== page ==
Alberta cattle rancher Howard Hawkwood has a beef with the local fracking industry. He’s convinced the controversial technique for gas extraction is responsible for killing off 18 of his cows and large swaths of his property near Airdrie, Alberta.
“These are the dead spots in the field, where my cows have urinated. This all showed up last spring…We’ve actually taken soil samples of the dead spot and a sample from a foot and a half away and we’ve got high levels of radon, barium, uranium, strontium, and magnesium is extremely high.”
The Southwest Pennsylvania Environmental Health Project was created in response to individuals’ and communities’ need for access to accurate, timely and trusted public health information and health services associated with natural gas extraction.
In Pensylvania, where new laws gag physicians from sharing information about fracking chemicals with their patients, the need for trusted health information is crucial.
SWPA-EHP provides an onsite nurse practitioner and also serves as a resource center for information on the potential routes of exposure from hazardous substances, as well as strategies for limiting the risk of health effects.
According to a Pro Publica investigation, in the three-year period examined, operators pumped oil and gas drilling waste into Class 2 injection wells at pressure levels they knew could fracture rock and lead to leaks more than 1,000 times. In at least 140 cases, companies injected waste illegally or without a permit.
According to ProPublica, “Injection wells have proliferated over the last 60 years, in large part because they are the cheapest, most expedient way to manage hundreds of billions of gallons of industrial waste generated in the U.S. each year. Yet the dangers of injection are well known: In accidents dating back to the 1960s, toxic materials have bubbled up to the surface or escaped, contaminating aquifers that store supplies of drinking water.”
A decision to drop legal action against a drilling company despite evidence that it polluted residents’ well water in Texas prompts outcry by more than 80 US organizations.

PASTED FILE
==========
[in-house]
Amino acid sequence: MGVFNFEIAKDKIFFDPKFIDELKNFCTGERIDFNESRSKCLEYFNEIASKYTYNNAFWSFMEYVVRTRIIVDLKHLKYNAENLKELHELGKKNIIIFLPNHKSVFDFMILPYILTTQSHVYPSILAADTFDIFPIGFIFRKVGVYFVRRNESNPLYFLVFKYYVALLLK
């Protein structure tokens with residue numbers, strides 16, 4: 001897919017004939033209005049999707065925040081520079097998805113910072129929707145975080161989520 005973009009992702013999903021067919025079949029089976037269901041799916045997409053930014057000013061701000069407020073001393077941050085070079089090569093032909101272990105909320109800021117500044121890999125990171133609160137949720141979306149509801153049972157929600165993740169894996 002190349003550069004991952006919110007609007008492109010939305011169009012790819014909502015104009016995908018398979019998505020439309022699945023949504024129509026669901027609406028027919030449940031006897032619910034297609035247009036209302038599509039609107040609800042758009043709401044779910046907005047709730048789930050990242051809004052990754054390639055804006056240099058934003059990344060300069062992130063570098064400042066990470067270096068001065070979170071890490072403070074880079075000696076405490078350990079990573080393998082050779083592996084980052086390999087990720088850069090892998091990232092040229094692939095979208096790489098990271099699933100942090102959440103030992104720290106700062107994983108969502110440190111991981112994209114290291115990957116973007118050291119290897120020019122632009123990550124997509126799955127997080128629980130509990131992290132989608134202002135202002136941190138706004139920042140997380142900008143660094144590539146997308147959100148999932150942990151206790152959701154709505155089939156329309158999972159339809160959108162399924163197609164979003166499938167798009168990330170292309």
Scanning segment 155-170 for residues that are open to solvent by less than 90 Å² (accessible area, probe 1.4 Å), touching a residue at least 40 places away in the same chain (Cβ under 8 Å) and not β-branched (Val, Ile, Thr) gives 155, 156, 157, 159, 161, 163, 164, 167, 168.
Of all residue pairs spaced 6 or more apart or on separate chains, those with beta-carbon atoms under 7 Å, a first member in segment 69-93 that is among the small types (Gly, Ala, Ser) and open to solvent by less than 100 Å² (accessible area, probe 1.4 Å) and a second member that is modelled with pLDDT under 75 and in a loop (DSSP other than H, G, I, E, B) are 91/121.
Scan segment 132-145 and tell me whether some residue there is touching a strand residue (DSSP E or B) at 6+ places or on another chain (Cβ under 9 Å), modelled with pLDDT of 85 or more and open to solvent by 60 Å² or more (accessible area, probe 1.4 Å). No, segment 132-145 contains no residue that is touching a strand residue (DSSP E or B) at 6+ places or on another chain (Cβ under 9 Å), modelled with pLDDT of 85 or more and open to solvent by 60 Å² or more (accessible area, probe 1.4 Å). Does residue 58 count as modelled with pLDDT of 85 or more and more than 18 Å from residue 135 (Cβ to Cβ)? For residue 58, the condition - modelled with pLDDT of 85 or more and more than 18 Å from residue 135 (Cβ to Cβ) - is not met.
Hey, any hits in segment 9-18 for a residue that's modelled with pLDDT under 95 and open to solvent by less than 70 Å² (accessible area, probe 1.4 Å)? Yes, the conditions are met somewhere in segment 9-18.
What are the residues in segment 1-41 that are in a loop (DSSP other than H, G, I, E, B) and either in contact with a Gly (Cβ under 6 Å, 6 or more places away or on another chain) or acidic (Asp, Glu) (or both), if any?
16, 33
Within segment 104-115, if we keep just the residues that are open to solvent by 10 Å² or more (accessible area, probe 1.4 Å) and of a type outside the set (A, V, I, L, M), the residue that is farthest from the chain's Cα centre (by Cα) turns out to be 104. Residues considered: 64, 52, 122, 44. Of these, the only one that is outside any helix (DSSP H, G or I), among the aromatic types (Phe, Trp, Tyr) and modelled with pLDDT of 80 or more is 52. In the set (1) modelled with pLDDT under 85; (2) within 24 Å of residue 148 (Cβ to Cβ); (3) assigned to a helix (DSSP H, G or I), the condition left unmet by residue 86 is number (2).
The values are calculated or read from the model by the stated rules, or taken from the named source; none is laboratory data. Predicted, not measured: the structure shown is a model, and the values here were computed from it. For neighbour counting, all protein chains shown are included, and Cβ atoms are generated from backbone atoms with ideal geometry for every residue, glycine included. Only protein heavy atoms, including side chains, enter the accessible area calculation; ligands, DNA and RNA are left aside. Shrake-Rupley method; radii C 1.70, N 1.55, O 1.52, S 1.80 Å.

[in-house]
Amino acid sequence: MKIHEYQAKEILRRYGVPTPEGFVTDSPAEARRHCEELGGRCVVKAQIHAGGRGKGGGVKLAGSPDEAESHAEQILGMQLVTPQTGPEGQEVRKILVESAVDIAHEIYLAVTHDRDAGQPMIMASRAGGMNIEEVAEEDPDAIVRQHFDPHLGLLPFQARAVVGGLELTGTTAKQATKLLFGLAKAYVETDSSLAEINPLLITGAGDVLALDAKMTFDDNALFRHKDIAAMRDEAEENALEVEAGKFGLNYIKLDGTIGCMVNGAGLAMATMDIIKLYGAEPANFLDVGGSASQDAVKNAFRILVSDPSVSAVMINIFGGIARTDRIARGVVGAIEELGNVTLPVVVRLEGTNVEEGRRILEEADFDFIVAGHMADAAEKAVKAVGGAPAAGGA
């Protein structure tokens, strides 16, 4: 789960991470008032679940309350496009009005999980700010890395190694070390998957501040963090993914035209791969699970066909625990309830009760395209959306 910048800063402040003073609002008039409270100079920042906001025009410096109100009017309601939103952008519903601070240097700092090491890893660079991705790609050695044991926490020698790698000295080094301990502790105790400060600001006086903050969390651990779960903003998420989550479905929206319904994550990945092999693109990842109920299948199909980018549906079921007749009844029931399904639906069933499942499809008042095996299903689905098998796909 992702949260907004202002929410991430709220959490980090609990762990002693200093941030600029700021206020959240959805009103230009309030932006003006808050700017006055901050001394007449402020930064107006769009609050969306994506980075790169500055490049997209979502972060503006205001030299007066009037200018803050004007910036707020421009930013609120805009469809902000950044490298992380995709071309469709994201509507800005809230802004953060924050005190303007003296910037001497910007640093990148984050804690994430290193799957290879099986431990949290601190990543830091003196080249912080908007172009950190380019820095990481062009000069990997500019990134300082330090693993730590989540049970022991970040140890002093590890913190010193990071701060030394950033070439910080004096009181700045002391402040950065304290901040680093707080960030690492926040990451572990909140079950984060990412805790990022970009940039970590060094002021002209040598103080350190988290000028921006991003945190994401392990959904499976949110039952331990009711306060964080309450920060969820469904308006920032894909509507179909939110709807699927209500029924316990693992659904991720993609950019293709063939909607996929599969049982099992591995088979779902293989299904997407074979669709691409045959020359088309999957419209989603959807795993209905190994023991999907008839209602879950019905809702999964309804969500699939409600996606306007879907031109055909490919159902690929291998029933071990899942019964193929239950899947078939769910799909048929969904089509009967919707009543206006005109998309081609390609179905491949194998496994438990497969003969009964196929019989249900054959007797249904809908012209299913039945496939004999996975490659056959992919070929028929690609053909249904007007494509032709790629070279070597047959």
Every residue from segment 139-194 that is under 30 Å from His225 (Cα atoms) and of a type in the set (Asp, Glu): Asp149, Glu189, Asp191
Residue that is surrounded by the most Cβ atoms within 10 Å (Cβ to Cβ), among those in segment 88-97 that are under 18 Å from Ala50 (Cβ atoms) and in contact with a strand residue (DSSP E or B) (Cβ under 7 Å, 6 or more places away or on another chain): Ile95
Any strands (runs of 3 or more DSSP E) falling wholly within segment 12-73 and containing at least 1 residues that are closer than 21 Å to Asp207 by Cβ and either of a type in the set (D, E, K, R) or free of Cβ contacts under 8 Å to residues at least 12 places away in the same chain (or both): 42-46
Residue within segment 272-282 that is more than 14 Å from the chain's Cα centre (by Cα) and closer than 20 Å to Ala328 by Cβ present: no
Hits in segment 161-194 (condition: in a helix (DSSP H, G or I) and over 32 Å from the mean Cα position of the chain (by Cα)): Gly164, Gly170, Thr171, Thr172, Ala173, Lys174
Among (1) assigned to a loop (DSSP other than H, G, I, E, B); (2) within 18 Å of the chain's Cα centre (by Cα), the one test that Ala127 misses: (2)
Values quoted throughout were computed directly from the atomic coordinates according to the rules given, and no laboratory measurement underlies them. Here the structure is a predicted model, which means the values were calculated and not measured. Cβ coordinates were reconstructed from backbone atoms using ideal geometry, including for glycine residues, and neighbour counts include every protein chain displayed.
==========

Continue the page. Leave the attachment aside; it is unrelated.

More than 80 organizations from 12 states and a New York state senator today called on the inspector general of the U.S. Environmental Protection Agency to investigate a decision to drop legal action against a drilling company despite evidence that it had polluted residents’ well water near Fort Worth, Texas.
The organizations sent a letter to EPA Inspector General Arthur A. Elkins, Jr., asking him to broaden an ongoing investigation of a case that made national news last year when the EPA dropped an enforcement action against Range Resources Ltd. after earlier invoking rare emergency authority under the Safe Drinking Water Act. New York State Senator Tony Avella is sending a similar letter later today. Elkins began investigating the case after six U.S. senators asked him last June to determine whether EPA had followed proper procedures.
This peer reviewed study by Dr. Theo Colborn details the health risks related to air pollutants generated by natural gas operations. Researchers documented a range of volatile chemicals and correlated them with well site operations. They documented the presence of numbers of chemicals at levels which could have multiple health effects on adults as well as on prenatally exposed children. Many of the chemicals found in the air are endocrine disruptors.
US trade unions are concerned about silica exposures and other health hazards faced by workers in the hydraulic fracking industry. A letter from the AFL-CIO, United Mine Workers and United Steelworkers to top federal safety agencies highlights these concerns.
“If you work in the hydraulic fracturing industry—better known as “fracking”—you may be exposed to high levels of crystalline silica, putting you at risk of developing silicosis, lung cancer and other debilitating diseases” an article on the AFL-CIO website states.